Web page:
Before joining MSF, I had thought that humanitarian work was straightforward: you see a crisis, you react. But, in practice, that principle becomes complicated, and helping often means doing what is needed. On the same day I secured the rape reports of three women over the age of sixty, I also recorded staff vacation days and changed the office printer paper. After the concussion, my being on the project had become a risk for the team; maybe the noblest thing that I did in Lulingu was admit that I needed to go home.
(...)
I now understand what my recruiter meant when he told me that MSF is not about saving the world. But I do know that the world needs people willing to do whatever they can to make it a better place, in big ways and small.
Sidney Coles for the Walrus with very honest reflections on her work with MSF in DRC.

How can Universities get more activists to take-up their research?

I suspect that academics exert a lot of their influence not through publishing, but in person, by being invited to talk to officials and politicians, speaking and networking at events etc. If that’s true (surely it could be researched?!), then universities should rethink the kind of support they give to researchers. Elevator pitches? Cocktail party skills, like how to break in on a conversation involving your victim target decision maker?
Duncan Green for fp2p. This topic probably requires 1-3 posts in response about the role of academia, the demise of Think Tanks (that were supposed to 'translate' research into policy arenas) and much more!

Postcolonial theory and the strong arm of identity

The fact that decolonization discourse is saturated with bourgeois concerns also tells us that something is seriously wrong with the academy. The marketization of knowledge-making processes over the last four decades—and the gradual insertion of South African higher education institutions into that global landscape in the post-apartheid years—has resulted in the assembly-line production of graduates who are quickly assimilated into the well-oiled machineries of a market-friendly economy. Yet decolonization activists, by and large, do not seem to take issue with the instrumentalization of their education, directing all their energies towards the attainment of what they call “free, quality, decolonized education.” Instead of a materialist reading of the asymmetries of academic life, they support an agenda that centers on high-level abstractions, such as “epistemic violence” and the like.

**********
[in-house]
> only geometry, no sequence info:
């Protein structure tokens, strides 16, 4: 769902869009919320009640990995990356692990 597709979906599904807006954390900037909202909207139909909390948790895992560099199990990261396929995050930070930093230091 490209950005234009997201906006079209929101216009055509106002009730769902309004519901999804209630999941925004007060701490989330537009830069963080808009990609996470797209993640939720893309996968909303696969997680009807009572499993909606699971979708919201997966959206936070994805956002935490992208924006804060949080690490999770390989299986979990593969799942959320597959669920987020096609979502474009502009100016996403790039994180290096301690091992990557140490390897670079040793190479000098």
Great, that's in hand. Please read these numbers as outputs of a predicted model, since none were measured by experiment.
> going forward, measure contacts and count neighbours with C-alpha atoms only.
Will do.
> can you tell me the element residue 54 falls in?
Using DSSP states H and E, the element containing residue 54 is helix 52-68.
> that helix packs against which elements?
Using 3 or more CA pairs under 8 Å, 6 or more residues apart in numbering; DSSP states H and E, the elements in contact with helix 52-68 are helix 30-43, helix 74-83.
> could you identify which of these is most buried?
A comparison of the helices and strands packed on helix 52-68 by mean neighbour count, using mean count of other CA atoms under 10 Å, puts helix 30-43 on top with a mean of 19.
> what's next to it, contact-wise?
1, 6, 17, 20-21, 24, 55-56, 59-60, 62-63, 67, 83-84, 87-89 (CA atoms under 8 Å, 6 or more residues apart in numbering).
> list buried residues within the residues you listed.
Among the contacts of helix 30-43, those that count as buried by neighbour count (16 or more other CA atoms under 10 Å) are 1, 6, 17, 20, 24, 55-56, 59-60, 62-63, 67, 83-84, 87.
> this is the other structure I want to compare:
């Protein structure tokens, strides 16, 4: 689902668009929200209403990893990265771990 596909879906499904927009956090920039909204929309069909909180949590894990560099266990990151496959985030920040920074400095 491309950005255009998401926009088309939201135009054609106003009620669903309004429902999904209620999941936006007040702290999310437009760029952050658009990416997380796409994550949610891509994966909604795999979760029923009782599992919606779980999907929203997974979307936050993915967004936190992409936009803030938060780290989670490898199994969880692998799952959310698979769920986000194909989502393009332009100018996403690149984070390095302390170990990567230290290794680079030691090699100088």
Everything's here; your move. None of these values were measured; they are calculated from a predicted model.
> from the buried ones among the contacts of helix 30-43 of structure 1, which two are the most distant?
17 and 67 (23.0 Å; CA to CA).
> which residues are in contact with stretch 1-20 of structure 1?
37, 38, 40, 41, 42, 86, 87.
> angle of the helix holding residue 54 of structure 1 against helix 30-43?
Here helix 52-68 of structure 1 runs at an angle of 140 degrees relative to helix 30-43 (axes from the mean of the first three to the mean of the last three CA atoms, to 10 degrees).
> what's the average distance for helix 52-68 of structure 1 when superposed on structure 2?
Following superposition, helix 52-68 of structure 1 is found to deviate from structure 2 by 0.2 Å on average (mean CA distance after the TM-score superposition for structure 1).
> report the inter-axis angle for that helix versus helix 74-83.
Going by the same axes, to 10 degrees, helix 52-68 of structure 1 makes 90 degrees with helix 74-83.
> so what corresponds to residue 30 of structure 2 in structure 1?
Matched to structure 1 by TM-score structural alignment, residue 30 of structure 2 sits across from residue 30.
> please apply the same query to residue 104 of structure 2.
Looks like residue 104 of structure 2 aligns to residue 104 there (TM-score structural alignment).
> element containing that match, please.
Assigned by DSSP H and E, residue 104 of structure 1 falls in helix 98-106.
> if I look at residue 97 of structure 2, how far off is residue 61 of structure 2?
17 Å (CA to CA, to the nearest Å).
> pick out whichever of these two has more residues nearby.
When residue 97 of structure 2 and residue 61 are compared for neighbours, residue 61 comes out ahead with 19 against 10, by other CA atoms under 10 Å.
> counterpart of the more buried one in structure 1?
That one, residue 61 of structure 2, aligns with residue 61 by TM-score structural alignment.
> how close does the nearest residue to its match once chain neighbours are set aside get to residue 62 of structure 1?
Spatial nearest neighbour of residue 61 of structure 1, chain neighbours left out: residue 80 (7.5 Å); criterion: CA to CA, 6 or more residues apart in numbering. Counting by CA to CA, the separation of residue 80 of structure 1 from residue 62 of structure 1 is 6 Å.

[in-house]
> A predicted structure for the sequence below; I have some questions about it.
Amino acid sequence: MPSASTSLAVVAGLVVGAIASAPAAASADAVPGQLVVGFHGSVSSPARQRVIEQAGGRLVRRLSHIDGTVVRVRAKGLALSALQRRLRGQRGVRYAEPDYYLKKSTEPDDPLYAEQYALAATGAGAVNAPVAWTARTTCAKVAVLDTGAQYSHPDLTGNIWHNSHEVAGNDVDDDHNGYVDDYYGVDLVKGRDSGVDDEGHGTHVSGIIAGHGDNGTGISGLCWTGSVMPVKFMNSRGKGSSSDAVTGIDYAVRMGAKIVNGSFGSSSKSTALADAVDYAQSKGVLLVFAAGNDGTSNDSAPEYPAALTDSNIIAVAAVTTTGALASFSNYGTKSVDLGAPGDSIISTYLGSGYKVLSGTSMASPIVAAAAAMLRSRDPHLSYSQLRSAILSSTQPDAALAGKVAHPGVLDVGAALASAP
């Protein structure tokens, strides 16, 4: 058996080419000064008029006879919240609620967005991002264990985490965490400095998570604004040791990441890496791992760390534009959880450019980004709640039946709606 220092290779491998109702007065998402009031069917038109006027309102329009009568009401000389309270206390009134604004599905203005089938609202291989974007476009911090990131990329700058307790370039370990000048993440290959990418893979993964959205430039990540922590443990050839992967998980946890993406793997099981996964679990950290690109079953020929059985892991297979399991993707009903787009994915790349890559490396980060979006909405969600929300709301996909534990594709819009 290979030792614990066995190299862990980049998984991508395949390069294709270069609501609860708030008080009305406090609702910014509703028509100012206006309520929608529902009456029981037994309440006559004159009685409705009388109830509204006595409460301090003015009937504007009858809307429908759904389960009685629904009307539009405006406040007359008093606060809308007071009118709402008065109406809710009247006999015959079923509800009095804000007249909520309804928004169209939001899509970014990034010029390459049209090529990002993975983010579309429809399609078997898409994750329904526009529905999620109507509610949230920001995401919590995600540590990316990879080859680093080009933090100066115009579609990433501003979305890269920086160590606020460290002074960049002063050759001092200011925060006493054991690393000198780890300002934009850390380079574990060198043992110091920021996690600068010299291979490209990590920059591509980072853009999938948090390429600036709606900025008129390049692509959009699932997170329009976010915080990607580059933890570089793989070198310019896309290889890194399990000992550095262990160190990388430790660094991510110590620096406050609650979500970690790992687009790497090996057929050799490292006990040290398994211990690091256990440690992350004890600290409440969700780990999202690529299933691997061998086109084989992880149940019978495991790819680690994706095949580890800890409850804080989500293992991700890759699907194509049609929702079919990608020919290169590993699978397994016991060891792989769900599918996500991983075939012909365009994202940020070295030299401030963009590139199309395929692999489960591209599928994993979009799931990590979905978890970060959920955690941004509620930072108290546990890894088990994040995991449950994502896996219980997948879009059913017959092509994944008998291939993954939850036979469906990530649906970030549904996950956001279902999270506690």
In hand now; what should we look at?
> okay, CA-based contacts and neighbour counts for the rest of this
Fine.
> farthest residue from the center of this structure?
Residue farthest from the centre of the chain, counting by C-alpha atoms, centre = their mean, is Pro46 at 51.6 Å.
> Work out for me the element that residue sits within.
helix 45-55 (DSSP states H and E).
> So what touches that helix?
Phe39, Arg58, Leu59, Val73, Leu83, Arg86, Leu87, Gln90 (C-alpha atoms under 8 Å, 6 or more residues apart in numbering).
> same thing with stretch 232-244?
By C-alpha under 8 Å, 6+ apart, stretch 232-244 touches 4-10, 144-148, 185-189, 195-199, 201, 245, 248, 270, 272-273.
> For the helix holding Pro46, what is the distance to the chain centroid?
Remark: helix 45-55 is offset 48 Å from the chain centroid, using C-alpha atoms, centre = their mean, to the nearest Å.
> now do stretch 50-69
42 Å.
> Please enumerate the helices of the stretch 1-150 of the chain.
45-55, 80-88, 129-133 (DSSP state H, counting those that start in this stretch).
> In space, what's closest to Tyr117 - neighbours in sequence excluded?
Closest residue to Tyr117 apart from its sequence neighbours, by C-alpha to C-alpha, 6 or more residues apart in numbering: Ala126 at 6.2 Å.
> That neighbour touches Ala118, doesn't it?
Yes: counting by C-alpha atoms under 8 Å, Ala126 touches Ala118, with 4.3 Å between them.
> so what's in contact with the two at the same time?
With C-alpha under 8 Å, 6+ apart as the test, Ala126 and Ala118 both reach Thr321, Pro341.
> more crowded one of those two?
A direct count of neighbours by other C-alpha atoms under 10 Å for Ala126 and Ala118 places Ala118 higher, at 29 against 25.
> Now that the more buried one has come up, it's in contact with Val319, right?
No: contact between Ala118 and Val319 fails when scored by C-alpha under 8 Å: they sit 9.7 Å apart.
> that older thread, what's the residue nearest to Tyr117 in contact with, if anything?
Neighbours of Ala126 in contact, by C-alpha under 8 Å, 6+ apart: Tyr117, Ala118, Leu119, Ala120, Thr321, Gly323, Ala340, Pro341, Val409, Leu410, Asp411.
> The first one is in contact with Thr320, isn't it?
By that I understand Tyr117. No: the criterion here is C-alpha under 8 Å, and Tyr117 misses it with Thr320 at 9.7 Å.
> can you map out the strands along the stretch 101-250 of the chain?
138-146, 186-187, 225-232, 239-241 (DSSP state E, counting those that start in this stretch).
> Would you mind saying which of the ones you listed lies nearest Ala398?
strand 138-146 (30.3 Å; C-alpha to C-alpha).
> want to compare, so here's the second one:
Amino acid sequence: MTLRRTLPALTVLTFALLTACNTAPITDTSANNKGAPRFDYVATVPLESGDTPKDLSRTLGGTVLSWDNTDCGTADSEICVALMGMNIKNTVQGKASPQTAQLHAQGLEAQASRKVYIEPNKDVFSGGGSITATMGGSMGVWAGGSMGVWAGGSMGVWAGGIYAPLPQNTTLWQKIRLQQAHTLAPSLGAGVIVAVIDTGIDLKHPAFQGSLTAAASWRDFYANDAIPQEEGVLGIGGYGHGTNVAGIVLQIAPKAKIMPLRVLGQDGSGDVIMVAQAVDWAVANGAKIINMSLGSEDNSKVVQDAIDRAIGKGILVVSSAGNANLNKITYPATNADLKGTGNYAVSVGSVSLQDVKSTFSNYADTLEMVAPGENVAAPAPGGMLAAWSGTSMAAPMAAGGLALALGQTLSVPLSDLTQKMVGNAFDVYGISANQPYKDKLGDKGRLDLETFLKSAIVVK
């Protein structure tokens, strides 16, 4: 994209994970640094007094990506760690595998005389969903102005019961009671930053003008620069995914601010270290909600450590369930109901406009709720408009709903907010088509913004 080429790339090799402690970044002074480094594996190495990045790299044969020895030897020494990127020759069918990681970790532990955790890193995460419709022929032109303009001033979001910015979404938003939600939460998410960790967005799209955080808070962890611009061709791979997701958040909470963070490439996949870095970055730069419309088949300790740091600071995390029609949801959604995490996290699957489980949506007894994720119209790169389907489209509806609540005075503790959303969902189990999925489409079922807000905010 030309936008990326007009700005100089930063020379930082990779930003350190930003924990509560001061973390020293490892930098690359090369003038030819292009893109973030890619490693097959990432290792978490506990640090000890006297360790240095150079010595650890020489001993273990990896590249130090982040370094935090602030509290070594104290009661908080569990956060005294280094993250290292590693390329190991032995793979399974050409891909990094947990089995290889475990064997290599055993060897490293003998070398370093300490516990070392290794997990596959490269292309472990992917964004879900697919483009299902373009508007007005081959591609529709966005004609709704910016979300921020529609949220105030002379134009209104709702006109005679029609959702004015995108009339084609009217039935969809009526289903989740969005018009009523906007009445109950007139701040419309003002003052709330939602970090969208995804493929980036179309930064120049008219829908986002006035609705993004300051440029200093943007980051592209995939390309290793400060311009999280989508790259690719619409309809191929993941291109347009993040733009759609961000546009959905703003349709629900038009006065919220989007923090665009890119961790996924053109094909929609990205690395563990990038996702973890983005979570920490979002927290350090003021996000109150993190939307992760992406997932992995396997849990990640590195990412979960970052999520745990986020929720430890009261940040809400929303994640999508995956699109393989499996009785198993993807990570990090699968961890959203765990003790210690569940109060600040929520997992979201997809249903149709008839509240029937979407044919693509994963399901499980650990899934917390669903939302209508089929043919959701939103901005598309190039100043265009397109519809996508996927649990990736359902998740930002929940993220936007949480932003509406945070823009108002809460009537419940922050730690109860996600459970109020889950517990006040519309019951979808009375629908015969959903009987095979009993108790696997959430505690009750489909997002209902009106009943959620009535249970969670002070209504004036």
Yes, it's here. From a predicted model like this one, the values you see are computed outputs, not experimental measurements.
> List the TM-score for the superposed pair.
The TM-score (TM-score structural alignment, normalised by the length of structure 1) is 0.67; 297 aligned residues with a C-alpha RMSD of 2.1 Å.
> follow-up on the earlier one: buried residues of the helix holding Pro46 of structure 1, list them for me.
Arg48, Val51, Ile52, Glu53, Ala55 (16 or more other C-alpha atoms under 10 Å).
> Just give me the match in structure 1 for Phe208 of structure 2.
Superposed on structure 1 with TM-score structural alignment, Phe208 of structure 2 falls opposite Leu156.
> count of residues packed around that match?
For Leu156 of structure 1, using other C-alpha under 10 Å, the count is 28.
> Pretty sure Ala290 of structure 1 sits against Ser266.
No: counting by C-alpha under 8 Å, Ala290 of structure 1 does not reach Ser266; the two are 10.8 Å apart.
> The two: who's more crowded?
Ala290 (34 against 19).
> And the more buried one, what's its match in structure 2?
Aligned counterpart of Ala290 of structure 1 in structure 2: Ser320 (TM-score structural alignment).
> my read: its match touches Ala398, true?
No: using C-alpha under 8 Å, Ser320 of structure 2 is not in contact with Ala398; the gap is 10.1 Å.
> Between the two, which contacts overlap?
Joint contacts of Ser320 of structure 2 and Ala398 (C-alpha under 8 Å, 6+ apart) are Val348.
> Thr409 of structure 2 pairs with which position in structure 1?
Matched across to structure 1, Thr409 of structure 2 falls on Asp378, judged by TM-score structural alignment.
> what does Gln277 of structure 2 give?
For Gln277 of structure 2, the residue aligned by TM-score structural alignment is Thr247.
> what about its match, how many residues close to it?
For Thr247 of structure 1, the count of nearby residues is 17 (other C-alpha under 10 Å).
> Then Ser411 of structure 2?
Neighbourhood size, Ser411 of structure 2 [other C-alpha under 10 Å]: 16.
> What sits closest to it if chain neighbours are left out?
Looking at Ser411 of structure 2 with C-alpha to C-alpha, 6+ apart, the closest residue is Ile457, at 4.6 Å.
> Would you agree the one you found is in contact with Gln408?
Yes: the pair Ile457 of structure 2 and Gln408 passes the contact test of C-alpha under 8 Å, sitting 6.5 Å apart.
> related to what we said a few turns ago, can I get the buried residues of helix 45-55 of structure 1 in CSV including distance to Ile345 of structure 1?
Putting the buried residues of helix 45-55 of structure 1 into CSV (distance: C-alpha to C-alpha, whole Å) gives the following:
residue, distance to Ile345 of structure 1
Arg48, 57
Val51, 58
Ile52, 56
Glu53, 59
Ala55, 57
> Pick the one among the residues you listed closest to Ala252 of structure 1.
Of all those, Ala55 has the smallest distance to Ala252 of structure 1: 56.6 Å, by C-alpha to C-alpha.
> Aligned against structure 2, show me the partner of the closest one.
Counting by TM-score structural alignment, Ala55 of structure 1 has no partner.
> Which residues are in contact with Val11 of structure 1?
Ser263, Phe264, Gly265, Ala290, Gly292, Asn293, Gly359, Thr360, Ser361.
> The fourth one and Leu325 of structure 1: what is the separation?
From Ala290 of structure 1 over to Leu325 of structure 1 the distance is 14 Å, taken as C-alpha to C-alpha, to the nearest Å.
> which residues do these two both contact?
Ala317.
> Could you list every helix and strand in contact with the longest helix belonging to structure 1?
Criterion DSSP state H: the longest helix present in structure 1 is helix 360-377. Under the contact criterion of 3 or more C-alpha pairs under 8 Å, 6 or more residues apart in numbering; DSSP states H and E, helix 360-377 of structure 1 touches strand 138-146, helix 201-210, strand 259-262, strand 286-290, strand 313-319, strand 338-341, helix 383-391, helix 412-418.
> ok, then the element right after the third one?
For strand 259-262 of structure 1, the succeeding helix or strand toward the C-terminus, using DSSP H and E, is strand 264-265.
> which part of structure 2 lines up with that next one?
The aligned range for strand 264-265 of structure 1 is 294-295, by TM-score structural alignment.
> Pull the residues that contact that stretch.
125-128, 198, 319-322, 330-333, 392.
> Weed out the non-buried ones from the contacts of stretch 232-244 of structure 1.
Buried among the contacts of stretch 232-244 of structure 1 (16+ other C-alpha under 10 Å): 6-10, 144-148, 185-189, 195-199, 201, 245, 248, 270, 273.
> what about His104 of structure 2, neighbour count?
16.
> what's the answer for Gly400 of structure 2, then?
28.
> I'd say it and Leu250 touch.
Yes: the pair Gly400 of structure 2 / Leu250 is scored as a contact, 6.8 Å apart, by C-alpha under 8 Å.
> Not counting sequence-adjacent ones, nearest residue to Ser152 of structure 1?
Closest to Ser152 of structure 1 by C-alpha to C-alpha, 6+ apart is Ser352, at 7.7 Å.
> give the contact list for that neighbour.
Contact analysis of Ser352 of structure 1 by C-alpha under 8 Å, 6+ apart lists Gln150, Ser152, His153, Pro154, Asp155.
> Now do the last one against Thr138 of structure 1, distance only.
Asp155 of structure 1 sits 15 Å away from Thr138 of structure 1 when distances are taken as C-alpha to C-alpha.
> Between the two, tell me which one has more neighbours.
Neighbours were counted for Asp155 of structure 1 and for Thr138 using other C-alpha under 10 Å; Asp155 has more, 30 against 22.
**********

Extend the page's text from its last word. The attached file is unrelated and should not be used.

Wahbie Long for Africa Is a Country on how the decolonization discourse has quickly become, well, a discourse that will not challenge existing (power) structures enough.

Publications

Report explores tensions behind the failure of education
There are more paradoxes: while the region’s average spending on education is above the world average, learning outcomes are among the lowest and it has the highest gender gap among all countries, with girls far outperforming boys. Despite this, the region has the lowest female labour force participation rates in the world and the highest youth unemployment rates and these rates are mostly among the educated, especially women.
“In recent years, the region has witnessed the devastating effects of the unmet expectations and unrealised aspirations,” said Ferid Belhaj, the World Bank’s vice president for MENA.
Belhaj said while there had been a strong push for learning, an equally aggressive demand for skills in higher education from employers and parents had been lacking. Subsequently, the situation has resulted in the high production of unemployable graduates, which is now a key driver of frustration and despair in almost all MENA countries.
Wachira Kigotho for University World News on a new Bank report from the MENA region.

Youth Vision and Voice in Wood Buffalo

The report covers content from youth who responded to the YouthVoicesWB social media campaign which ran from September-October 2017 and asked youth to answer one question; “What would you do to make your community better?” Youth responded to the question through photography, poetry, original songs, painting, and other creative means. For the report, the RbD Lab also hired three young people from Wood Buffalo as Research Assistants who interviewed youth in the region to learn more about their ideas for collaborative resilience and how their experiences can inform policies and decisions that affect them.
My dear friend Tamara Plush worked her participatory storytelling magic to engage with youth in rural Canada.

Research Evidence in the Humanitarian Sector: A Practice Guide

this new publication offers clear guidance and real-world examples to all practitioners looking to use evidence, whether working in the field, or in the head quarters of donors and NGOs.
The Alliance for Useful Evidence with...useful resources on how to tackle research evidence.

Academia

AI peer reviewers unleashed to ease publishing grind
Algorithms are not yet smart enough to allow an editor to accept or reject a paper solely on the basis of the information they extract, says Andrew Preston, co-founder of Publons, a New Zealand-based peer-review-tracking start-up acquired by Clarivate Analytics that is using machine learning to develop a tool to recommend reviewers. “These tools can make sure a manuscript is up to scratch, but in no way are they replacing what a reviewer would do in terms of evaluation.”
Douglas Heaven for Nature on how AI is going to 'fix' journal peer review processes...